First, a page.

Parks AssociatesFor the foreseeable future, online data/backup services will complement local storage such as computers and attached hard drives because they provide redundancy and the flexibility of multiplatform access. Online solutions will not reduce the need for robust storage in the home over the next five years, but it could eventually bring forth the long-anticipated arrival of “thin client” computing, where devices don’t have to rely on large amounts of storage and processing. But it’s a long-term evolution, and it will be awhile before consumers start to see their local storage and computing needs diminish.

What

Kurt Scherf | Parks Associates

What "Cloud Computing" Could Mean to Consumers

Author: Kurt Scherf, Parks Associates

Parks AssociatesFor the foreseeable future, online data/backup services will complement local storage such as computers and attached hard drives because they provide redundancy and the flexibility of multiplatform access. Online solutions will not reduce the need for robust storage in the home over the next five years, but it could eventually bring forth the long-anticipated arrival of “thin client” computing, where devices don’t have to rely on large amounts of storage and processing. But it’s a long-term evolution, and it will be awhile before consumers start to see their local storage and computing needs diminish.

"Cloud" is such a buzz phrase today that it's easy to be overwhelmed by what's really happening on the consumer side. Parks Associates specifies the following requirements for a product or solution to fit in the "personal cloud" category:

 

  • For hardware, appliance, and online solutions, the ability to upload all desired content to remote storage, not just a single-purpose site
  • The ability to "push" - or share - only specific folders or files with friends or family
  • Remote and ubiquitous access to content from multiple IP-connected devices
  • For premium content service cloud offerings, the ability to offer multiple formats or work with hardware with the necessary transcoding capabilities to play content on a wide number of devices

To further complicate this market, there are several different types of consumer cloud solutions:

Hardware, Software, and Appliances: Products in this category are network-attached storage appliances/media servers and applications that provide for remote access via smartphones and other IP-connected devices.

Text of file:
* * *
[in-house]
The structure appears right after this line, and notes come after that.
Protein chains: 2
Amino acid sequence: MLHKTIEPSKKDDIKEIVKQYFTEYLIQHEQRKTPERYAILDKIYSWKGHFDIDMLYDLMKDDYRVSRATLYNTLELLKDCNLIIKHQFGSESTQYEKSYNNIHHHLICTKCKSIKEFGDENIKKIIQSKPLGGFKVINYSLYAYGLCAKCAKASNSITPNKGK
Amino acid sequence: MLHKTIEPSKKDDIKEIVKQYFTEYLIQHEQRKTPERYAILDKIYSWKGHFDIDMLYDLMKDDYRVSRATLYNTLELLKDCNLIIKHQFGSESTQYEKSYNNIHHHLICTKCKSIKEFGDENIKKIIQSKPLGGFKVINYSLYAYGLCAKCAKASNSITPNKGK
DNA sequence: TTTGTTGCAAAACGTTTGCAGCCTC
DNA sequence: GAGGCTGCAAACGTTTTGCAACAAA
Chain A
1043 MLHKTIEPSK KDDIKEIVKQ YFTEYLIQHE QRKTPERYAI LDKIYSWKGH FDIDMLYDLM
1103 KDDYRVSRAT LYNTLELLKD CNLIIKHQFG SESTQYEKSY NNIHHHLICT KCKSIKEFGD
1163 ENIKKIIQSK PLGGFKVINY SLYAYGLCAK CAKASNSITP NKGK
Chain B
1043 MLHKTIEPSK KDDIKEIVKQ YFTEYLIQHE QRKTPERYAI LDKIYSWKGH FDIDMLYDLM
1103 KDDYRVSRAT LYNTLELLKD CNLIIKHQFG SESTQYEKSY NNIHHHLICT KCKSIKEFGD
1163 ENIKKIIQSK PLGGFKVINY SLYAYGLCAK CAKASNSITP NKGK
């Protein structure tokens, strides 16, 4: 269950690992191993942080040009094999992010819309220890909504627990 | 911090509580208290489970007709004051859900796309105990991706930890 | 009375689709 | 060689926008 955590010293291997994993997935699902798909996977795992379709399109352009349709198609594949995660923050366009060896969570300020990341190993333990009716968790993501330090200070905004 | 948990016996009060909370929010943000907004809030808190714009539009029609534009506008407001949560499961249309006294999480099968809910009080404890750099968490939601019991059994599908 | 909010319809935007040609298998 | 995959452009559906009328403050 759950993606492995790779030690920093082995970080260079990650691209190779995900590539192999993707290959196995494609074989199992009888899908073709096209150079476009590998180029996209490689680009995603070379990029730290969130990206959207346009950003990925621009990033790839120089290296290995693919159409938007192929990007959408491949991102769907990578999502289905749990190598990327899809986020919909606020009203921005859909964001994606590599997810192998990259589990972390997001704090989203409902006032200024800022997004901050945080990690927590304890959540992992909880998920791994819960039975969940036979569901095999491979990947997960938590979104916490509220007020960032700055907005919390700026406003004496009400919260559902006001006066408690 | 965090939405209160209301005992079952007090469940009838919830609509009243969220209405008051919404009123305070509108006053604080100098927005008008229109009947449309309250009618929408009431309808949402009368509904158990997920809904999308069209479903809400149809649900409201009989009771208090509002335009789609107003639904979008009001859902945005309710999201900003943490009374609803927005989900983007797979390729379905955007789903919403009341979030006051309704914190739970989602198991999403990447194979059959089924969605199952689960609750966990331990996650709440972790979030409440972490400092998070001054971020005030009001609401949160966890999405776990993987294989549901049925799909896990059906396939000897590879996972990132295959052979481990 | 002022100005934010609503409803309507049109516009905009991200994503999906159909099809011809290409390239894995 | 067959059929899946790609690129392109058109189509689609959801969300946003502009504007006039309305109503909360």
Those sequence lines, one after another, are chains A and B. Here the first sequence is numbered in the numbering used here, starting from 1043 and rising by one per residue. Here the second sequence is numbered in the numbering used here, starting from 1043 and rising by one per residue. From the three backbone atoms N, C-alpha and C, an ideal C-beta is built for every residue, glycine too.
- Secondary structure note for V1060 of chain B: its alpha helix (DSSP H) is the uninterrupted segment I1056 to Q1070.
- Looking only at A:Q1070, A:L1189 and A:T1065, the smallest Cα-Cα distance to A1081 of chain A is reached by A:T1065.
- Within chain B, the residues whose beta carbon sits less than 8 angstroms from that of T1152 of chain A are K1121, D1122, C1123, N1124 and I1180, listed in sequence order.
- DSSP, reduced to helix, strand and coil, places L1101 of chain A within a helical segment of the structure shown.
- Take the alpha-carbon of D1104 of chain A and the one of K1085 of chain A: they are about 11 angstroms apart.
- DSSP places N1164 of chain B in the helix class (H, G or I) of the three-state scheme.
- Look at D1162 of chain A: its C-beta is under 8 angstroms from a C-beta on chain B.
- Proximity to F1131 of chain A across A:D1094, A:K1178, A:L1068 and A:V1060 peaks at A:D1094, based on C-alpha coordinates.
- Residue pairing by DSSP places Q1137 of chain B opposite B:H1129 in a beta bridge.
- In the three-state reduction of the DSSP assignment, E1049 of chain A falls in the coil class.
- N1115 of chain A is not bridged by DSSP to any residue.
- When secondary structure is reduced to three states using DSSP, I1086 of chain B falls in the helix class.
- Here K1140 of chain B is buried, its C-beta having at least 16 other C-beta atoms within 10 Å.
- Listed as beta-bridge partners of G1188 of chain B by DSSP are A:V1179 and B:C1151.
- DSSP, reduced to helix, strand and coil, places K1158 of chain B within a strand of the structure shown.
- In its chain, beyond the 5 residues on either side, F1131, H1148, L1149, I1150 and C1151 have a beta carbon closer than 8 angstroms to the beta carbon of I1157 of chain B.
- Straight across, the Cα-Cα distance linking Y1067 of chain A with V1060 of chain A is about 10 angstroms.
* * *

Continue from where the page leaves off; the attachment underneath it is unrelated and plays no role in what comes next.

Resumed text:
Attached Storage/NAS Clouds: The major consumer storage companies (Buffalo, Data Robotics, Iomega, Seagate, Western Digital, etc.) are implementing remote access and interaction with files, media, and content stored on attached drives and network-attached storage devices. The interaction can be done with any IP-connected device, including smartphones. Iomega was heavily promoting its solution at CES 2011, which they call the Iomega Personal Cloud.

Appliance-based Clouds: If a consumer doesn’t have attached storage or network-attached storage, there are appliances from companies such as Cloud Engines (Pogoplug™), CTERA, and iTwin that turn any device with local storage capabilities into a cloud server. Again, the key is the ability to interact with and access content from any IP-connected device.

Smartphone Clouds: Trend Micro has SafeSync, which is online backup and remote access to iPhone or Android smartphone content. Carbonite and SugarSync also offer this feature.

Online Storage and Backup: The first iteration of online backup was merely a way to automate backup of home computers (Carbonite, Mozy, etc.). Services such as SugarSync, SpiderOak, and ZumoDrive are taking online backup and making it a cloud service by making the content accessible (and sharable) from multiple types of IP-connected devices. Motorola just purchased Zecter, the company that developed ZumoDrive, which indicates that handset developers and wireless/mobile carriers are starting to look to online backup services for smartphones.

Service providers are also in the mix - Deutsche Telekom offers a service called Connected Life Experiences at Home. Companies such as NewBay Software and viacube are two to watch as white-label providers of synching and backup services. Examples of e-mail/calendaring/family sync features include Apple’s mobileme, Microsoft’s Live Mesh, and Deutsche Telekom's Connected Live Experiences at Home, which enable calendaring, messaging, and media synching across devices such as computers and smartphones.

Cloud Music Services: There are many streaming music services from which to choose, but proper cloud music services will store personally owned content and have it ubiquitously accessible. Speculation was that Apple would launch this service as a feature of iTunes following its purchase of Lala. Others in the mix are MOG All Access, Sony Qriocity, and Thumbplay.

Online Video Transitions to the Cloud: Sony's Qriocity is a good example of this kind of service. RoxioNow is a technology to watch in this space.